ON November 11, 2012, Fire-fighter Mark Haudenschild II, 26, was killed when the water tanker he was driving overturned while he was responding to a brush fire near Fort Wayne IN. He left a wife and two young children. He was a volunteer with the Washington Township Volunteer Fire Department serving his community.
Too many firefighters have been killed or injured in water tanker/tender rollovers while responding to emergencies, says Jim Shaeffer, president of McKenzie Tank Lines, Tallahassee FL, and chairman of National Tank Truck Carriers (NTTC). To address that concern, NTTC produced a new version of the Cargo Tank Rollover Prevention Video it developed with the US Department of Transportation to help educate water tanker drivers on the special characteristics of tank truck vehicles and the actions they can take to avoid rollovers.
“While this DVD was originally developed for commercial tank truck drivers, the principles of tank truck vehicle dynamics, road challenges, and safe driving practices it presents are equally applicable to water tankers used in emergency response,” Shaeffer says. “I know we will use this DVD in our outreach to firefighters and LEPCs (Local Emergency Planning Councils) in the areas in which we operate. It is especially appropriate that we introduce this material at our Annual Safety Conference in Denver (CO). Safety is the core mission of NTTC.”
Fire department water tanker rollovers are not a new phenomenon. The Department of Health and Human Services Centers for Disease Control and Prevention (CDC) issued a report on Firefighter Deaths from Tanker Truck Rollovers in 2001. That report showed there had been 62 deaths from water tanker rollovers from 1977-1999. The report did not include the injuries. The ability to track media and other reports on such crashes today shows that they continue to be a real issue of concern. Firefighters continue to be killed and injured in these usually preventable crashes.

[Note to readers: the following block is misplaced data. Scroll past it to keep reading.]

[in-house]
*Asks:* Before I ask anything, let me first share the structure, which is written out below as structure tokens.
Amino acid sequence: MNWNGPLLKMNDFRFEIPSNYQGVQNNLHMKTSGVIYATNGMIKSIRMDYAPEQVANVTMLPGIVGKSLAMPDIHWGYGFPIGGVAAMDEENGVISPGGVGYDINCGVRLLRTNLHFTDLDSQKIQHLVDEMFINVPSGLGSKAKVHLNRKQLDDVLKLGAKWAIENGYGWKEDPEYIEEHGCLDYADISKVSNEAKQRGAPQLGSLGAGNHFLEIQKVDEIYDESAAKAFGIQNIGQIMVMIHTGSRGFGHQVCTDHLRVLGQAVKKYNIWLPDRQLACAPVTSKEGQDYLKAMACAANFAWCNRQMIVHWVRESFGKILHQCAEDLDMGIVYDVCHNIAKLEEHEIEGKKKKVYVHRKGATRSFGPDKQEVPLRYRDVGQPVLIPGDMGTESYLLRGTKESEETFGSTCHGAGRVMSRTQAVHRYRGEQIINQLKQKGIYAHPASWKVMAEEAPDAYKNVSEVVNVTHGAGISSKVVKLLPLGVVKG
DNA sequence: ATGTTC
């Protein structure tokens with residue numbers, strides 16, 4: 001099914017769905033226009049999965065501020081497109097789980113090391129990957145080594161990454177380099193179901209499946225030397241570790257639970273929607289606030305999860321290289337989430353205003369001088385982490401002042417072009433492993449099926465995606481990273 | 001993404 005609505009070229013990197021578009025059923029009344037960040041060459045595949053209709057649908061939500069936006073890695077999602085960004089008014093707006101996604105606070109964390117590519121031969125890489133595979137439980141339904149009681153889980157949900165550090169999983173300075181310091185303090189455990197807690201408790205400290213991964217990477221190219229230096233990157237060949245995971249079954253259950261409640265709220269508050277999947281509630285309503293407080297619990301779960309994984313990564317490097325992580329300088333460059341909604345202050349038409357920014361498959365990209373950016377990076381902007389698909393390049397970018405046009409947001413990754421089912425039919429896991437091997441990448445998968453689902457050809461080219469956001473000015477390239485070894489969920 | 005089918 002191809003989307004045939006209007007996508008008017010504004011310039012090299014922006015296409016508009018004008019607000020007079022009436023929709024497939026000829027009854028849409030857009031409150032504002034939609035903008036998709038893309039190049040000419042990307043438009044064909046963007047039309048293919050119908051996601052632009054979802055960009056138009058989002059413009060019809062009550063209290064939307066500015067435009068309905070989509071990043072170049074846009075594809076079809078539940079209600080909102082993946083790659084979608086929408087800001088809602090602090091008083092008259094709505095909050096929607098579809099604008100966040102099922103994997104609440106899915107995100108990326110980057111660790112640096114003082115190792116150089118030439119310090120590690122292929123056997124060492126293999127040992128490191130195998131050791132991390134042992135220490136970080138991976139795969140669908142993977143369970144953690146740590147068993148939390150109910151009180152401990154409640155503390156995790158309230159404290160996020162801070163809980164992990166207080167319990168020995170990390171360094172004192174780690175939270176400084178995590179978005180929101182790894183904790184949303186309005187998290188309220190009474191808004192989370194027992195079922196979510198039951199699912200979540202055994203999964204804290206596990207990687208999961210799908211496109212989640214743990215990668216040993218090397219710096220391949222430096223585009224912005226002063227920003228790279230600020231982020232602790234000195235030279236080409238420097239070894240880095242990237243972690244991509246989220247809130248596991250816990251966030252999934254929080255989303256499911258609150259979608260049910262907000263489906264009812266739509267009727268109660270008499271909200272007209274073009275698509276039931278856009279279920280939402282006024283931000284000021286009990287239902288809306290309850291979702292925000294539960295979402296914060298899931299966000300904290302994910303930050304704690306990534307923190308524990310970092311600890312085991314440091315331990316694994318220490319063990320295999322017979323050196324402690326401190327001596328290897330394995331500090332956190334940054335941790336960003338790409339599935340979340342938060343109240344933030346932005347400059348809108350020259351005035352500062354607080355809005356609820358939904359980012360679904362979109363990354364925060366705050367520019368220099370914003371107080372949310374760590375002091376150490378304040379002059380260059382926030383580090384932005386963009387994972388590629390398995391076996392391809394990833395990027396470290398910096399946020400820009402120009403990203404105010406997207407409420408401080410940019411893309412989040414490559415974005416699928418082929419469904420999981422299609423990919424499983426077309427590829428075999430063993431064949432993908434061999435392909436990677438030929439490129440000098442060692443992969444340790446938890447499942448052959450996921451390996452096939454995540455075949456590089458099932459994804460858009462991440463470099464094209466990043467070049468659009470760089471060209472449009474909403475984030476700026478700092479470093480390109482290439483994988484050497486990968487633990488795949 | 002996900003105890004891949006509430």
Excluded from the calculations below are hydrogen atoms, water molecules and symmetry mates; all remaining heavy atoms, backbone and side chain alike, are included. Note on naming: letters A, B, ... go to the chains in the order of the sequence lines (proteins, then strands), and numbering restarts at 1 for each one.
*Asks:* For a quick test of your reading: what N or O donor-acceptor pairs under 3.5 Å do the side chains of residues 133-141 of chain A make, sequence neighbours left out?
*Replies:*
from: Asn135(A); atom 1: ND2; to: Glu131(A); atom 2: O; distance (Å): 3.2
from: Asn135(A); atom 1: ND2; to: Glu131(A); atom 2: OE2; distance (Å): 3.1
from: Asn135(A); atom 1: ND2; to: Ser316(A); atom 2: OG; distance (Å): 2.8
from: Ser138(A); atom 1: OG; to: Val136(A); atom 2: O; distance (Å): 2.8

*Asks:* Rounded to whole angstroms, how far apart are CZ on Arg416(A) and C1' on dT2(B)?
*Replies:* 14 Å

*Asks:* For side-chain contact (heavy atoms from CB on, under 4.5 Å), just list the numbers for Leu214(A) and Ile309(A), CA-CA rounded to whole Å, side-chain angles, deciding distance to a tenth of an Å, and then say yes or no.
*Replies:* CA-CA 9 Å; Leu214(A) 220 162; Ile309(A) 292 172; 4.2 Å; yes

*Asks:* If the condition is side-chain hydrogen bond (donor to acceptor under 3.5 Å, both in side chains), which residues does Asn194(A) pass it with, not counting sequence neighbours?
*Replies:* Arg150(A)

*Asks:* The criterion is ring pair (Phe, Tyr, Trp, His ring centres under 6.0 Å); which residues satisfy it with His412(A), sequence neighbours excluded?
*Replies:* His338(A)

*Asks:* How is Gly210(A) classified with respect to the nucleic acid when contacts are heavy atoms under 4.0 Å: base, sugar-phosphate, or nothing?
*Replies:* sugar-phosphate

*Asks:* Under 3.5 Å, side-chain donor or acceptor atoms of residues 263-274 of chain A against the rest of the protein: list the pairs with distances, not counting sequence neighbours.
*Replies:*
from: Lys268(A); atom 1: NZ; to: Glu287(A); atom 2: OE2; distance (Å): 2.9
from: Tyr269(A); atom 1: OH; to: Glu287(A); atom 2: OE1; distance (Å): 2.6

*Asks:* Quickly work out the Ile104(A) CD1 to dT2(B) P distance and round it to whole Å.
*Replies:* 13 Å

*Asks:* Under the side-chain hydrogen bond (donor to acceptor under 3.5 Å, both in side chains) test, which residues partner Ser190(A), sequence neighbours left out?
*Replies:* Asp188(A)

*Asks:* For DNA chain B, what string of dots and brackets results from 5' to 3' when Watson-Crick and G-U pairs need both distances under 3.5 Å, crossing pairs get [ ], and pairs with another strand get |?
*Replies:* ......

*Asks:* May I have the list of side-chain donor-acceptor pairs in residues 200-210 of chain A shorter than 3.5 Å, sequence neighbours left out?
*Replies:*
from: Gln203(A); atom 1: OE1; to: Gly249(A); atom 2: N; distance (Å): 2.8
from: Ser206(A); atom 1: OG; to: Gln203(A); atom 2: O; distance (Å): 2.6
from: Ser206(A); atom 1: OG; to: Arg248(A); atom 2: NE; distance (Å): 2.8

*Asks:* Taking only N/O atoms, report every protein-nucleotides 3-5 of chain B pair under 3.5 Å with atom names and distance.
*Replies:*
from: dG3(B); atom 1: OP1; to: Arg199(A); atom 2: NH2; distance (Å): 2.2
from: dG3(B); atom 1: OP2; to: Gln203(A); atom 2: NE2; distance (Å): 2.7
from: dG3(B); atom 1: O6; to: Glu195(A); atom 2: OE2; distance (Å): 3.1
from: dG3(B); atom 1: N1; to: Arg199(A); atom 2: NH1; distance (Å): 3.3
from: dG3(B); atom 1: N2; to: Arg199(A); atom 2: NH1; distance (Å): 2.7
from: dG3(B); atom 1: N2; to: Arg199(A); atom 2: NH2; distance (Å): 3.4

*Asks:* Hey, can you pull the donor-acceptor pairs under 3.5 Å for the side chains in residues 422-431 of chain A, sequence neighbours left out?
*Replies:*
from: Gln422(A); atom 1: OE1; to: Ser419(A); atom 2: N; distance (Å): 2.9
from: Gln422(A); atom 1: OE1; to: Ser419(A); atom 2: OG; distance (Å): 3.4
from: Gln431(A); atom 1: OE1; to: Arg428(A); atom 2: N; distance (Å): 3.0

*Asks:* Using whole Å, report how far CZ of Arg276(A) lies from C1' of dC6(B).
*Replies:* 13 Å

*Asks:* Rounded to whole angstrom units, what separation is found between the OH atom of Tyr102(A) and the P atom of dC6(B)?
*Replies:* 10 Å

The original 20-minute video was produced by DOT, with NTTC input, in 2010 following increased industry and government concerns about the number of tank truck rollovers. It focuses on: Tank truck vehicle design; cargo/load factors; highway factors; and driver factors. The video features real tank truck drivers who share their experiences, different types of tank truck equipment and detailed graphics, and various highway challenges. The video has been translated into French, Spanish and Japanese.
The video was based in part on information developed in 2007 in a detailed cargo tank rollover report prepared for the Federal Motor Carrier Safety Administration (FMCSA) by Battelle. Among information in that report was that over 75% of rollovers are caused by a driver’s action or inaction; the majority of rollovers are single vehicle crashes that occur on straight dry roadways (not exit ramps as is often thought); and that about one-quarter of tanker rollovers involve straight trucks where the tank sits on the truck body.
“I am delighted that we can help extend the very important safety message of the Cargo Tank Rollover Prevention Video to the fire service,” says Tim Butters, deputy administrator of DOT’s Pipeline and Hazardous Materials Safety Administration and former chief fire officer with the Fairfax City (Virginia) Fire Department. “We continue to see vehicle rollovers involving fire department apparatus, particularly tenders/tankers used for transporting large volumes of water. Understanding how to safety operate these vehicles will help reduce rollover accidents. Vehicle accidents continue to be one of the leading causes of firefighter injuries and fatalities. I will strongly encourage my colleagues in the fire and emergency response service to include this training video in their emergency vehicle driver/operator safety training and driver refresher programs. Emergency responders provide a critical public safety service to their communities, and we want to return home safely.”
NTTC President Dan Furth says: “We have been pleased with the response to the original video and hope that this version directed to the fire community will become a tool for training drivers who perform such a valuable service to us all. The DVD is free for downloading from our website www.tanktruck.org and we encourage everyone to help spread this safety outreach to anyone who can benefit from it. Many of our NTTC members already work with fire departments in their operating areas and we know that this information will help in the training they provide.”
A free copy of the DVD can be obtained for review and reproduction by contacting NTTC at 703/838-1960, by email to [email protected], or by mail to NTTC, 950 N Glebe Rd, Arlington VA 22203. If large amounts of copies are desired, we can put people in touch with our video company for obtaining copies. None of this material is copyright-protected. National Tank Truck Carriers Inc is the trade association of the tank truck industry.